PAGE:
Climate change and biodiversity loss have been in the news for several decades. Over the years, we’ve gathered a vast amount of scientific knowledge on these topics and their effects, and also come up with many possible solutions. Despite all the research, both crises remain unsolved. One could ask, is this due to lack of knowledge or could it be due to the ways we communicate?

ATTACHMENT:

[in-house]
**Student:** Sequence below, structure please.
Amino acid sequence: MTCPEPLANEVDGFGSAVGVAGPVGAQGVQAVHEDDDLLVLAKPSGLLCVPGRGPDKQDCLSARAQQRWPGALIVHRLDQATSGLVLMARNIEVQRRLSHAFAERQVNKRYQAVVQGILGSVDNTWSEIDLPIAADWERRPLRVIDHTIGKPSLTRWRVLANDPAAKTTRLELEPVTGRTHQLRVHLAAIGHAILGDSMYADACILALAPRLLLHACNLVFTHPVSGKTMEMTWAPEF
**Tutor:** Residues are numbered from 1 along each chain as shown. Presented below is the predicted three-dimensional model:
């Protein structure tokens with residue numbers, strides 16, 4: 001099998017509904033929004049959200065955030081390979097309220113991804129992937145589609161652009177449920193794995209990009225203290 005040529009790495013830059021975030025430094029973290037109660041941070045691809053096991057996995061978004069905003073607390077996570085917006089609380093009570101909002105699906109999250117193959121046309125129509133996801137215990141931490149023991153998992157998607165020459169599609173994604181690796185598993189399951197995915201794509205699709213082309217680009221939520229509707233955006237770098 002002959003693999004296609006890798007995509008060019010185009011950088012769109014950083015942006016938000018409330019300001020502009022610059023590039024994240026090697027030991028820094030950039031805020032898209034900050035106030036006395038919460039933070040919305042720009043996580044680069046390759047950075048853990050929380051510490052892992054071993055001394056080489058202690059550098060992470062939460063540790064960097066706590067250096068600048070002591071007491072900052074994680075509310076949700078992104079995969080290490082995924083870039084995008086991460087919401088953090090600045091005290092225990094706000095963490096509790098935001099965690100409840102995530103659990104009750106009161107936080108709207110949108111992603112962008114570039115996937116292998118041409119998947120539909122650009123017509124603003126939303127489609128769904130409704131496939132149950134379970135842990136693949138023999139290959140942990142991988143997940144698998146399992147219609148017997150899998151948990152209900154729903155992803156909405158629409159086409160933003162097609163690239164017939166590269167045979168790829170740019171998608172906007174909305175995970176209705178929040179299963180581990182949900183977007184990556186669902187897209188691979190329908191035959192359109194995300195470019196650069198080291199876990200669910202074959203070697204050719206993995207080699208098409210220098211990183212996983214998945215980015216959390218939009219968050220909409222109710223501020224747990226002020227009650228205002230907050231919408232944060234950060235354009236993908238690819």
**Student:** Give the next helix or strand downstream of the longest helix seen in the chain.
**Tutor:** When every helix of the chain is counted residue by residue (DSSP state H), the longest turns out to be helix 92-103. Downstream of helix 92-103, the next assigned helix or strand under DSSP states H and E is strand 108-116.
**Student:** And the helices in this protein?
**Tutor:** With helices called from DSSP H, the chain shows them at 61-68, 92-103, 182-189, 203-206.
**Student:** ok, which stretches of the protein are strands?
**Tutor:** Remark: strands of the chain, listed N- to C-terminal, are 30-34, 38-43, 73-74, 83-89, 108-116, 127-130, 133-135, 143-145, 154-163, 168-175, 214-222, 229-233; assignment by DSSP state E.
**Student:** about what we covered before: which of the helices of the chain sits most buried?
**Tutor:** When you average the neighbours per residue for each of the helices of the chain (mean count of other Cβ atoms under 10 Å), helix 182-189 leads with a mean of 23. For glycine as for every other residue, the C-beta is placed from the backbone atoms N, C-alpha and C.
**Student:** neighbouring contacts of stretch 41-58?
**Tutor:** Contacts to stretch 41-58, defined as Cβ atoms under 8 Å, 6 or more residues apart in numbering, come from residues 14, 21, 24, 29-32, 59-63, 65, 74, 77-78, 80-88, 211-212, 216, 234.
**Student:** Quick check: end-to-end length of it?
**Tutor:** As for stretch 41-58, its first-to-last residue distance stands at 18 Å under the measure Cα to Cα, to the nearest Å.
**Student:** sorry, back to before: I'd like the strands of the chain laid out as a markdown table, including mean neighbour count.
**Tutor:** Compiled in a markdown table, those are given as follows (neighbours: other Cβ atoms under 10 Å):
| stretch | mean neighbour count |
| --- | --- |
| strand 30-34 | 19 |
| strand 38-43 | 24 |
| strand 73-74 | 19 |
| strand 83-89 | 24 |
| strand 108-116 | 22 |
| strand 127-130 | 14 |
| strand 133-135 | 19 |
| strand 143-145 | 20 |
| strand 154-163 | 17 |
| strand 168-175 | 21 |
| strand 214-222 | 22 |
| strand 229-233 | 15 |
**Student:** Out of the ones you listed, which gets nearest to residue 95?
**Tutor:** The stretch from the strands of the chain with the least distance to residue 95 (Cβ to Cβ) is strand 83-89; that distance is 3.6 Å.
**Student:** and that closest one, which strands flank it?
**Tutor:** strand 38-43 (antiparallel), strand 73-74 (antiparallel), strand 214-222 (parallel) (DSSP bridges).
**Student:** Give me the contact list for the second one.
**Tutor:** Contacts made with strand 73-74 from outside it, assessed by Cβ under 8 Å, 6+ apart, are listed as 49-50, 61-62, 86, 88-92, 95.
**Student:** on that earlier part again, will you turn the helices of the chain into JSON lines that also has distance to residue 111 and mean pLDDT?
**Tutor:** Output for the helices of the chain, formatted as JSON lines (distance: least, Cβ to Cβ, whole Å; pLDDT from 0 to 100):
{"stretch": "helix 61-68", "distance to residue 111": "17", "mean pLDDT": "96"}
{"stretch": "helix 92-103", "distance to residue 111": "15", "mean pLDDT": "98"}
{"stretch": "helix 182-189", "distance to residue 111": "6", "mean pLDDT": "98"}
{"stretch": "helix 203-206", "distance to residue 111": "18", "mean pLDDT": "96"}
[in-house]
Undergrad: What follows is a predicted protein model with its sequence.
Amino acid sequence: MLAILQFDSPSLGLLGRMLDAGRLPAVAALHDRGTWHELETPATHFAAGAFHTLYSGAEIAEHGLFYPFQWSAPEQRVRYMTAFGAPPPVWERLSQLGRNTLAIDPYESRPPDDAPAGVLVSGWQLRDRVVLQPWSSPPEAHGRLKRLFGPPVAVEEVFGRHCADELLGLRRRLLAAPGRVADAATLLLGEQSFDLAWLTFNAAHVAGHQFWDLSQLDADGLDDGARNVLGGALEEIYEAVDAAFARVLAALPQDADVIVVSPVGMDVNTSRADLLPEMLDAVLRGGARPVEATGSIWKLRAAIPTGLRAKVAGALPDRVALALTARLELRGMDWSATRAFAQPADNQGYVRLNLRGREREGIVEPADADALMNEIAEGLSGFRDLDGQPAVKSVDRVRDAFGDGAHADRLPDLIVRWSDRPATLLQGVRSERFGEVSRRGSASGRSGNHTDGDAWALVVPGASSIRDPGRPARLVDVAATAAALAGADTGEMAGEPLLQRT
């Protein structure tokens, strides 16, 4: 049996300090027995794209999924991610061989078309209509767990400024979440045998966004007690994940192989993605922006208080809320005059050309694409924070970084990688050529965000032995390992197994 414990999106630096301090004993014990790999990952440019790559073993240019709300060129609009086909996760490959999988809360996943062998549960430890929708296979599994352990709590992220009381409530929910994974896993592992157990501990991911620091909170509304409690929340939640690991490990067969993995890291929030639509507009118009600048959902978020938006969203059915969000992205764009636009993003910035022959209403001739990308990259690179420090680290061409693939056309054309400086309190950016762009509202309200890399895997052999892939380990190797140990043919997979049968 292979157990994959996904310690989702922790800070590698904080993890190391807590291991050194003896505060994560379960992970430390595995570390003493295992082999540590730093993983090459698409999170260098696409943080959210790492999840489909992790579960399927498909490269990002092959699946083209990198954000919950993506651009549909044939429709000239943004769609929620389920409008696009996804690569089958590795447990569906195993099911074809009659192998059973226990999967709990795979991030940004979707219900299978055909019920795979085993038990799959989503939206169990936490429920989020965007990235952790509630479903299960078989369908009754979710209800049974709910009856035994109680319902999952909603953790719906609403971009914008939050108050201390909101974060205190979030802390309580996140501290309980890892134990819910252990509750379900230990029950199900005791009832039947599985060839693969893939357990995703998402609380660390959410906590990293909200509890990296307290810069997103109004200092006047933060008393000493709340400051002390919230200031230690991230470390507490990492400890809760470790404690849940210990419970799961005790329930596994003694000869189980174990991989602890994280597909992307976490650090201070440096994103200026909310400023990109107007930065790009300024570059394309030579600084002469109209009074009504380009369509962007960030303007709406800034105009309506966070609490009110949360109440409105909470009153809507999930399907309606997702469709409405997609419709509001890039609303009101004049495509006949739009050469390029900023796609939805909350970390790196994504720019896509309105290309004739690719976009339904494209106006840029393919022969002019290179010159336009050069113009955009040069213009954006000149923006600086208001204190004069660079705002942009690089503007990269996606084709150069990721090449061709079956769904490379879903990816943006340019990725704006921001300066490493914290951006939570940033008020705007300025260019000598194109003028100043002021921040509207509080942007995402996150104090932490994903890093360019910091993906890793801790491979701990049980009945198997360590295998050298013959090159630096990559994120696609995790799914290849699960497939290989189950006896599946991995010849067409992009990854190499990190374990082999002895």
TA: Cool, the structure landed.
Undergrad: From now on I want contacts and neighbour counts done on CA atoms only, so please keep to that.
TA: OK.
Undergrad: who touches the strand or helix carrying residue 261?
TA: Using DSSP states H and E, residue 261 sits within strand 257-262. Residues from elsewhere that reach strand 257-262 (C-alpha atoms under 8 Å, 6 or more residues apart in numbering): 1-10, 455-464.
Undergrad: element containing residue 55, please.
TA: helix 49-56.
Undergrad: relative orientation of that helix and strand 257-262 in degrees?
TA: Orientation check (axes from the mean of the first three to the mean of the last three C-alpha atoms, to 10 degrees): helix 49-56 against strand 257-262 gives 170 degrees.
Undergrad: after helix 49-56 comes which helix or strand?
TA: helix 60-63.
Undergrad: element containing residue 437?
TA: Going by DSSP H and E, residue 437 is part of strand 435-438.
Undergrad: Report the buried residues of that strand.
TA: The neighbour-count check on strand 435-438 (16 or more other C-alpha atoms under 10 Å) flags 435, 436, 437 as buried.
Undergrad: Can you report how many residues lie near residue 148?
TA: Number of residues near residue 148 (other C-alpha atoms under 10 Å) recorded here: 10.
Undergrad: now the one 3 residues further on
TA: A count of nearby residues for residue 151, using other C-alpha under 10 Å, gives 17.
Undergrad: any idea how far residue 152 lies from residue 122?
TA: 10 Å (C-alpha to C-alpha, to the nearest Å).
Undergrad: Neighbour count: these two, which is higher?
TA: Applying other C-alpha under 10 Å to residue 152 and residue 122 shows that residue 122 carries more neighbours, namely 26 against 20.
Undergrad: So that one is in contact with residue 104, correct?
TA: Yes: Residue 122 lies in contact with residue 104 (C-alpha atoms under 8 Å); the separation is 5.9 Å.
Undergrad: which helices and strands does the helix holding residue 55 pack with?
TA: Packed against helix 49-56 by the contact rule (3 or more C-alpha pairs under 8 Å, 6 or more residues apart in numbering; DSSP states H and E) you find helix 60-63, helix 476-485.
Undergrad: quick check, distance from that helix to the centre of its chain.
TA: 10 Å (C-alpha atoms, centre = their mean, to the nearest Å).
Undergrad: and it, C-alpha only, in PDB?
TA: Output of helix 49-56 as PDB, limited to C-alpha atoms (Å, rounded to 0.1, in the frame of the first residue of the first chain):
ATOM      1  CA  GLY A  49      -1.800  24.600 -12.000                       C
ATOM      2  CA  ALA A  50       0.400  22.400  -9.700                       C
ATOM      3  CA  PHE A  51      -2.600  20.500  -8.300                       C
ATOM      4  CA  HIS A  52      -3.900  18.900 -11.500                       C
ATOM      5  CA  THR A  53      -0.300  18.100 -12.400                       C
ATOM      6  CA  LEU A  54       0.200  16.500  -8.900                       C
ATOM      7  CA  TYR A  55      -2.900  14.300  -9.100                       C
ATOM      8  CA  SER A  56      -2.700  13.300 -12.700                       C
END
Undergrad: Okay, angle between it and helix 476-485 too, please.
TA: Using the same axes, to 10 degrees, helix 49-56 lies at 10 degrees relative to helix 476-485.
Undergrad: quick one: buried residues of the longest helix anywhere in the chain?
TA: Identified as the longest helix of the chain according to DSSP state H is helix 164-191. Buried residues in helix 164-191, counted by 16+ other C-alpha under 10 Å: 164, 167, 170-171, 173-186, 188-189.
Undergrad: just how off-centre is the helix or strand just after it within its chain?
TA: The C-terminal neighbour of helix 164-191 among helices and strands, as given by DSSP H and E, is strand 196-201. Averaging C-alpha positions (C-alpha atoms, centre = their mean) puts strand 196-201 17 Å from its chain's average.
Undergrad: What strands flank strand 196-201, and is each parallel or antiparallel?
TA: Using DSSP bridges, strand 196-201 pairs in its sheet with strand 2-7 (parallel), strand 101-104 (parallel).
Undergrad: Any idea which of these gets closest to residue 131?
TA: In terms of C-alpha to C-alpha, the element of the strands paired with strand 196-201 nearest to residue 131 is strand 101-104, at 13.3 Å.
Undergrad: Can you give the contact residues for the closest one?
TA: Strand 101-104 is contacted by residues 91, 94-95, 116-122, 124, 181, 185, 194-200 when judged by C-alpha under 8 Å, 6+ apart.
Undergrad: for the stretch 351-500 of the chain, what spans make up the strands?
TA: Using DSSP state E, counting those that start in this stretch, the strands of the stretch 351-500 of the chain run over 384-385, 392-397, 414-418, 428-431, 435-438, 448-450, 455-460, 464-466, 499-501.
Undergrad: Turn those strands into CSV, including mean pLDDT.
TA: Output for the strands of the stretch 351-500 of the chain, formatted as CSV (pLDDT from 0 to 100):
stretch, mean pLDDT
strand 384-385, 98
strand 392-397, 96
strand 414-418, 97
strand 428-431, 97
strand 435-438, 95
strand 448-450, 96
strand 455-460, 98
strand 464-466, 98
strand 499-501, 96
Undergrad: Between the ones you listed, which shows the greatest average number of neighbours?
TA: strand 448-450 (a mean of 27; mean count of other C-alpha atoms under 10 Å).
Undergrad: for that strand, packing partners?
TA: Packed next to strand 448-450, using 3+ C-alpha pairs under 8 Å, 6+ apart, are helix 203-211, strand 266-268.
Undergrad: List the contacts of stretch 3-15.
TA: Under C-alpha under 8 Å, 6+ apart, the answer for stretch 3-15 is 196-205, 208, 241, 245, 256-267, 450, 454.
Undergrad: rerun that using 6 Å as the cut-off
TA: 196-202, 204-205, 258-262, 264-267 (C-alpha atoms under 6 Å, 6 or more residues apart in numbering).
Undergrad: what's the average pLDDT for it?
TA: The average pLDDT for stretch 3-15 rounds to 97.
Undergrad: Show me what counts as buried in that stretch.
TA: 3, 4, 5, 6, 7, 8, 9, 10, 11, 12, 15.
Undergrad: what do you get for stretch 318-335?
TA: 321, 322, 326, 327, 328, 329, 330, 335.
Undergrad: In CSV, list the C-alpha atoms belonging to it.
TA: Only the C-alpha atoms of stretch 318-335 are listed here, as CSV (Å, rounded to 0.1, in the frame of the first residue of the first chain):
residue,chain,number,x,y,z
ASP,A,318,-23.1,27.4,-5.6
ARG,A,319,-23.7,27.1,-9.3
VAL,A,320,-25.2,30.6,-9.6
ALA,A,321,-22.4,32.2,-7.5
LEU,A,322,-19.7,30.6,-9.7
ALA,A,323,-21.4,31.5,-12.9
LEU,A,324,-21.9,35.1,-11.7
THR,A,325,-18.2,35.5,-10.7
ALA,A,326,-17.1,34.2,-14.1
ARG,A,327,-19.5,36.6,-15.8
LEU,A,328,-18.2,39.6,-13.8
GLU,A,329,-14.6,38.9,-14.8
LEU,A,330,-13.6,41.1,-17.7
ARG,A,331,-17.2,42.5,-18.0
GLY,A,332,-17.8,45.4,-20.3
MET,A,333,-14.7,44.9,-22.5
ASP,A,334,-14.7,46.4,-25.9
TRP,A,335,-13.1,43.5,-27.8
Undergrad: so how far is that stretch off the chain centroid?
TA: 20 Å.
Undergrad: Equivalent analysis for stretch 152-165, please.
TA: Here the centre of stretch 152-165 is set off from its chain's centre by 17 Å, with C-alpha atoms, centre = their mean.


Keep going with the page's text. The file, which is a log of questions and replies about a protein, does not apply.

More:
I dove into the world of science communication close to three years ago as I switched from academia to working at the Finnish Science Centre Heureka. At Heureka, we are at the leading edge of science communication and education, serving diverse audiences. We work both with recreational visitors and with school groups ranging from pre-schoolers to high school students. The COVID pandemic has hit hard the entire culture and museum field, and Heureka is no exception. Nevertheless, we have jumped at the opportunity to create a completely new set of virtual workshops, science shows, camps and clubs that have allowed us to reach out to a new audience. Hopefully some of these newly developed programmes will continue even when the pandemic is over. Nevertheless, the exhibitions lie at the heart of the operation of the science centre, and at best the number of visitors can be astounding. Our latest dinosaur exhibition was seen by over 400 000 visitors, and such numbers are hard to grasp when compared to the number of downloads or citations that a scientific paper attracts. Indeed, from the point of view of our visitors, Heureka compares to amusement parks. In my opinion, the combination of a solid scientific basis and an interesting wrapping is what makes science centres special. The principles that guide Heureka include encouraging curiosity, exploration and having fun. Some time ago, I was showing a Russian visitor around Heureka. They were planning a new science centre in Russia, and as we were touring the exhibitions, I was asked if the main objective at Heureka is to learn or to have fun. I replied: both. The joy of discovery is a vital part of the learning process.